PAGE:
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September 15, 2015

Day Treatment vs. IOP – What’s the Difference?

Like many other eating disorder treatment centers, The Emily Program offers multiple levels of care for adolescents and adults. What makes The Emily Program different is that our services are based in outpatient treatment. As The Emily Program founder Dirk Miller says, “We didn’t start as an inpatient program and develop outpatient services to support that model. The reason is pretty simple: most change occurs as an outpatient. We live our lives as ‘outpatients.’ Ultimately we must apply what’s learned to a life of recovery that we live outside the treatment program.”

In addition to our basic outpatient services, individual therapy, dietitian, medical, group therapy, etc. we also offer higher levels of care—intensive programs that meet people where they are with the appropriate amount of support. Intensive programs fall in between outpatient and 24/7 residential care. The intensive programs include our Day Program. Depending on where you are in the country, this may be called an Intensive Day Program (IDP) or Partial Hospitalization Program (PHP), which is a minimum of 30 hours/week, and our Intensive Outpatient Program (IOP), which is a minimum of 12 hrs per week.

These programs are quite different from each other. When someone is looking into treatment, often one of the first thoughts they have is “How do I find an eating disorder program that will not interfere with my day-to-day life?” “Will it allow me to continue with school, work, family, and other activities while still trying to get better?” As a result of these questions, IOP seems like an attractive option.

To be in an IOP clients must be medically stable, able to eat on their own, and able to function in normal day-to-day life without significant risk of behaviors or relapse. As a result, for most people with an eating disorder who have never been in treatment, IOP is usually not the most effective level of care, to begin with. The reasons for this are clear – the very things that must be better for an IOP to be successful are usually the problems people present with when their eating disorder starts to take over their life: difficulty with eating, having behaviors, and medical complications due to the eating disorder.

Day Program (IDP/PHP), a higher level of care, provides accountability and support that is not available at the IOP level of care. This includes supervised meals, regular psychiatric visits (if needed), daily access to dietitians, and daily contact with therapists. Medical monitoring is also different in a Day Program as vital signs, including orthostatic vital signs, are checked on a regular basis. At The Emily Program, we tend to view IOP as a step down from a Day Program, rather than as a starting point for treatment. Certainly, there are situations where an IOP may be an effective entry point, such as when clients are coming from an outside program, are currently at a lower level of care but require a step up to IOP, or if someone has previously been in DTP/IDP/PHP and is looking for additional support to maintain their progress. However for the majority of clients, in particular those coming out of a hospital or residential setting, or those with medical instability and active symptom use, a DPT/IDP/PHP is a minimum level of care to truly see progress.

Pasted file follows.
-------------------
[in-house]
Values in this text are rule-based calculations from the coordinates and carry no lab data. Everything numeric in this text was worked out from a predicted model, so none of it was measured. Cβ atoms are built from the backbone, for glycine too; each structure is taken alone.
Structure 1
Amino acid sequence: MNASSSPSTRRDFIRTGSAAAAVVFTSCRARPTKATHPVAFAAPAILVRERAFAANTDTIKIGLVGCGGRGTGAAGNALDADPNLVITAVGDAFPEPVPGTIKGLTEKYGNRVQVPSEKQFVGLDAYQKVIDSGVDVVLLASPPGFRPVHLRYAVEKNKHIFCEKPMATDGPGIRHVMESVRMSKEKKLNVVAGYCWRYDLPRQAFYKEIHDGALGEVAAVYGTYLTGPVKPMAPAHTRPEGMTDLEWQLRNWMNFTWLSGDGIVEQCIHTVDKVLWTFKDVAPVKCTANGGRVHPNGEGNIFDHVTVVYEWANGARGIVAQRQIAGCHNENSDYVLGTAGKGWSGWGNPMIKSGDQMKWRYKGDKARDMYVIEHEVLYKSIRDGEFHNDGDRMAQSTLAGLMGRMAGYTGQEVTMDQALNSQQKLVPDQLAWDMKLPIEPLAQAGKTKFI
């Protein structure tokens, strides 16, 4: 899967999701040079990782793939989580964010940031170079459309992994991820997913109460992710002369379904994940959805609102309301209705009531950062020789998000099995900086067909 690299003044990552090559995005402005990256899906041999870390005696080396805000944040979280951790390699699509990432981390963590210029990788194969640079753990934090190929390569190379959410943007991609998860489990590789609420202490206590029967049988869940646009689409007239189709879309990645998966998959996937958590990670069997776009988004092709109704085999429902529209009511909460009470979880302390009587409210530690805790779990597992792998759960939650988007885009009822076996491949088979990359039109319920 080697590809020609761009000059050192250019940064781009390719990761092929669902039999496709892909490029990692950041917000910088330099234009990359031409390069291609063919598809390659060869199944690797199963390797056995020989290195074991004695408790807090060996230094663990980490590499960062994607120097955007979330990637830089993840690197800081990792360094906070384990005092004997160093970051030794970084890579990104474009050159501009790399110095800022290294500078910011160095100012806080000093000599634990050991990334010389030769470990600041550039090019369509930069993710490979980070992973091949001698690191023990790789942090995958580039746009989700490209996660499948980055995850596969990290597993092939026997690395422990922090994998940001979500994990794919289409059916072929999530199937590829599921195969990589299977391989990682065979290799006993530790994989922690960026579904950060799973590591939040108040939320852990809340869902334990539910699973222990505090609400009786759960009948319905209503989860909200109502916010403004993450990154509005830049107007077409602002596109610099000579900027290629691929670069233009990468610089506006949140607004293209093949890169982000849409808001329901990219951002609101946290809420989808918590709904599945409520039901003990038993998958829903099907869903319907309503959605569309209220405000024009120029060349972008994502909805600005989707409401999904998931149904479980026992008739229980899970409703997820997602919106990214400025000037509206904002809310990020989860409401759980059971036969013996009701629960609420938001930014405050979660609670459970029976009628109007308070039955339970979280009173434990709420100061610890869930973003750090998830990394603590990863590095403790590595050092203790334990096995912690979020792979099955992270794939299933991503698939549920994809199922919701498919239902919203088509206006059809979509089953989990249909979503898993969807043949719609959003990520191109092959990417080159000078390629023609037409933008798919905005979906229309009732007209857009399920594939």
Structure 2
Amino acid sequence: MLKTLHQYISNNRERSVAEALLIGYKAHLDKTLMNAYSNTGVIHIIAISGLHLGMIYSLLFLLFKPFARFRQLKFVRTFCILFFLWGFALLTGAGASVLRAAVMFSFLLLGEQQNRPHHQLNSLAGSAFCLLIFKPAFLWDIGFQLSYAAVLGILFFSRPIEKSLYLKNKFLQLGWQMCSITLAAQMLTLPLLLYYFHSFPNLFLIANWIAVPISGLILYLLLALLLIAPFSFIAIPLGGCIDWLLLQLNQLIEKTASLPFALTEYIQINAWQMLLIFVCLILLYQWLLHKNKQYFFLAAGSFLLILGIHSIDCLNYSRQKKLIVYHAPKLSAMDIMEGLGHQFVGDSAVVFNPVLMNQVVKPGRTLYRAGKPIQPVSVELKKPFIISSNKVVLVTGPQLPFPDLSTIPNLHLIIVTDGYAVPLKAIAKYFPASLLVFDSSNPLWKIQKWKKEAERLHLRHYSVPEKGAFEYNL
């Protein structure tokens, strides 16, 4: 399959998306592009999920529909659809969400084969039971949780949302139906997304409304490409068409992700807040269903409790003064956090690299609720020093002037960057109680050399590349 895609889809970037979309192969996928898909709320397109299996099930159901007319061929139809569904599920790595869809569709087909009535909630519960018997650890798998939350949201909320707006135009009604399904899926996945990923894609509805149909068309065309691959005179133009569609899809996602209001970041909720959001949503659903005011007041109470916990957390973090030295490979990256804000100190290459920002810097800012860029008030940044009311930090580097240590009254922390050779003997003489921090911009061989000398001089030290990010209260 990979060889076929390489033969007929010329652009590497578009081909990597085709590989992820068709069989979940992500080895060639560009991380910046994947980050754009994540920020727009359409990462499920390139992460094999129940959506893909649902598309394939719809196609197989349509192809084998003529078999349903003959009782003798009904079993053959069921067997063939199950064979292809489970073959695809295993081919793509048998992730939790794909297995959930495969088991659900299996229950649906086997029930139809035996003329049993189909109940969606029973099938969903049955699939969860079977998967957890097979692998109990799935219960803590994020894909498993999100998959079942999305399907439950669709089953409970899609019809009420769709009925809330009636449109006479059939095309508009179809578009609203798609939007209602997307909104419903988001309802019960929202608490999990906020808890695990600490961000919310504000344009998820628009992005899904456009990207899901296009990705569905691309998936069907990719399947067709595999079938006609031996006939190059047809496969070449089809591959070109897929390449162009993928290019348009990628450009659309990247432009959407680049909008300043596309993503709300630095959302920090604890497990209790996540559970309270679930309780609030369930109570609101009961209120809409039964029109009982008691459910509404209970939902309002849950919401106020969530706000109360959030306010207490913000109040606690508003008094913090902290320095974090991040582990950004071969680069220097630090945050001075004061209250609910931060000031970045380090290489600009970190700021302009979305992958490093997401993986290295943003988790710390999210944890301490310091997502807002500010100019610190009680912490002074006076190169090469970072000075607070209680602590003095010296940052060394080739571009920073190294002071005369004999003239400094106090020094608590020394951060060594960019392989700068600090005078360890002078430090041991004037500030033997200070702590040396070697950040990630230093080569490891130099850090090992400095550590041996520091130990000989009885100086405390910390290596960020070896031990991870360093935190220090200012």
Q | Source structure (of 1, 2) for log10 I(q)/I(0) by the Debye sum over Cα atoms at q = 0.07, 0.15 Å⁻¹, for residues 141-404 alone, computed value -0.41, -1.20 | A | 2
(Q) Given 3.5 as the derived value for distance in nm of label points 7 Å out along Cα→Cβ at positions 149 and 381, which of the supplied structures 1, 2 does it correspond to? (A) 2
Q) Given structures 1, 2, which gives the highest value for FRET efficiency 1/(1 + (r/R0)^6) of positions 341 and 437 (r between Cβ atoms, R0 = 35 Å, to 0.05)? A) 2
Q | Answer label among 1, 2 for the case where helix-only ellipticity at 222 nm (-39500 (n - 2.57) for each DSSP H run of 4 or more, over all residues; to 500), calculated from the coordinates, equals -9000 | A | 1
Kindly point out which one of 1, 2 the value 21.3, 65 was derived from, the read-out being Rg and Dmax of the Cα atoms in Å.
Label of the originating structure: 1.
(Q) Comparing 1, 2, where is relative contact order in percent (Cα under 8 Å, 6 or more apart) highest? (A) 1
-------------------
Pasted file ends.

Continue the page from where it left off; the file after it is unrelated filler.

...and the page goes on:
Mark Warren, MD

Mark Warren is the chief medical officer of The Emily Program. He is also one of the original founders of the Cleveland Center for Eating Disorders, which became The Emily Program – Cleveland in 2014. A Cleveland native, he is a graduate of the Johns Hopkins University Medical School and completed his residency at Harvard Medical School. He served as Chairman of the Department of Psychiatry at Mt. Sinai Hospital and Medical Director of University Hospital Health System’s Laurelwood Hospital. A past vice-chair for clinical affairs at the Case School of Medicine Department of Psychiatry, he continues on the Clinical Faculty of the Medical School, teaching in both the Departments of Psychiatry and Pediatrics. He is currently a faculty member and former chair of the Board of Governors at the Gestalt Institute of Cleveland. Dr. Warren is a Distinguished Fellow of the American Psychiatric Association, a two-time recipient of the Exemplary Psychiatrist Award of the national Alliance for the Mentally Ill, and a winner of the Woodruff Award. He leads the Males and Eating Disorders special interest group for the Academy of Eating Disorders.

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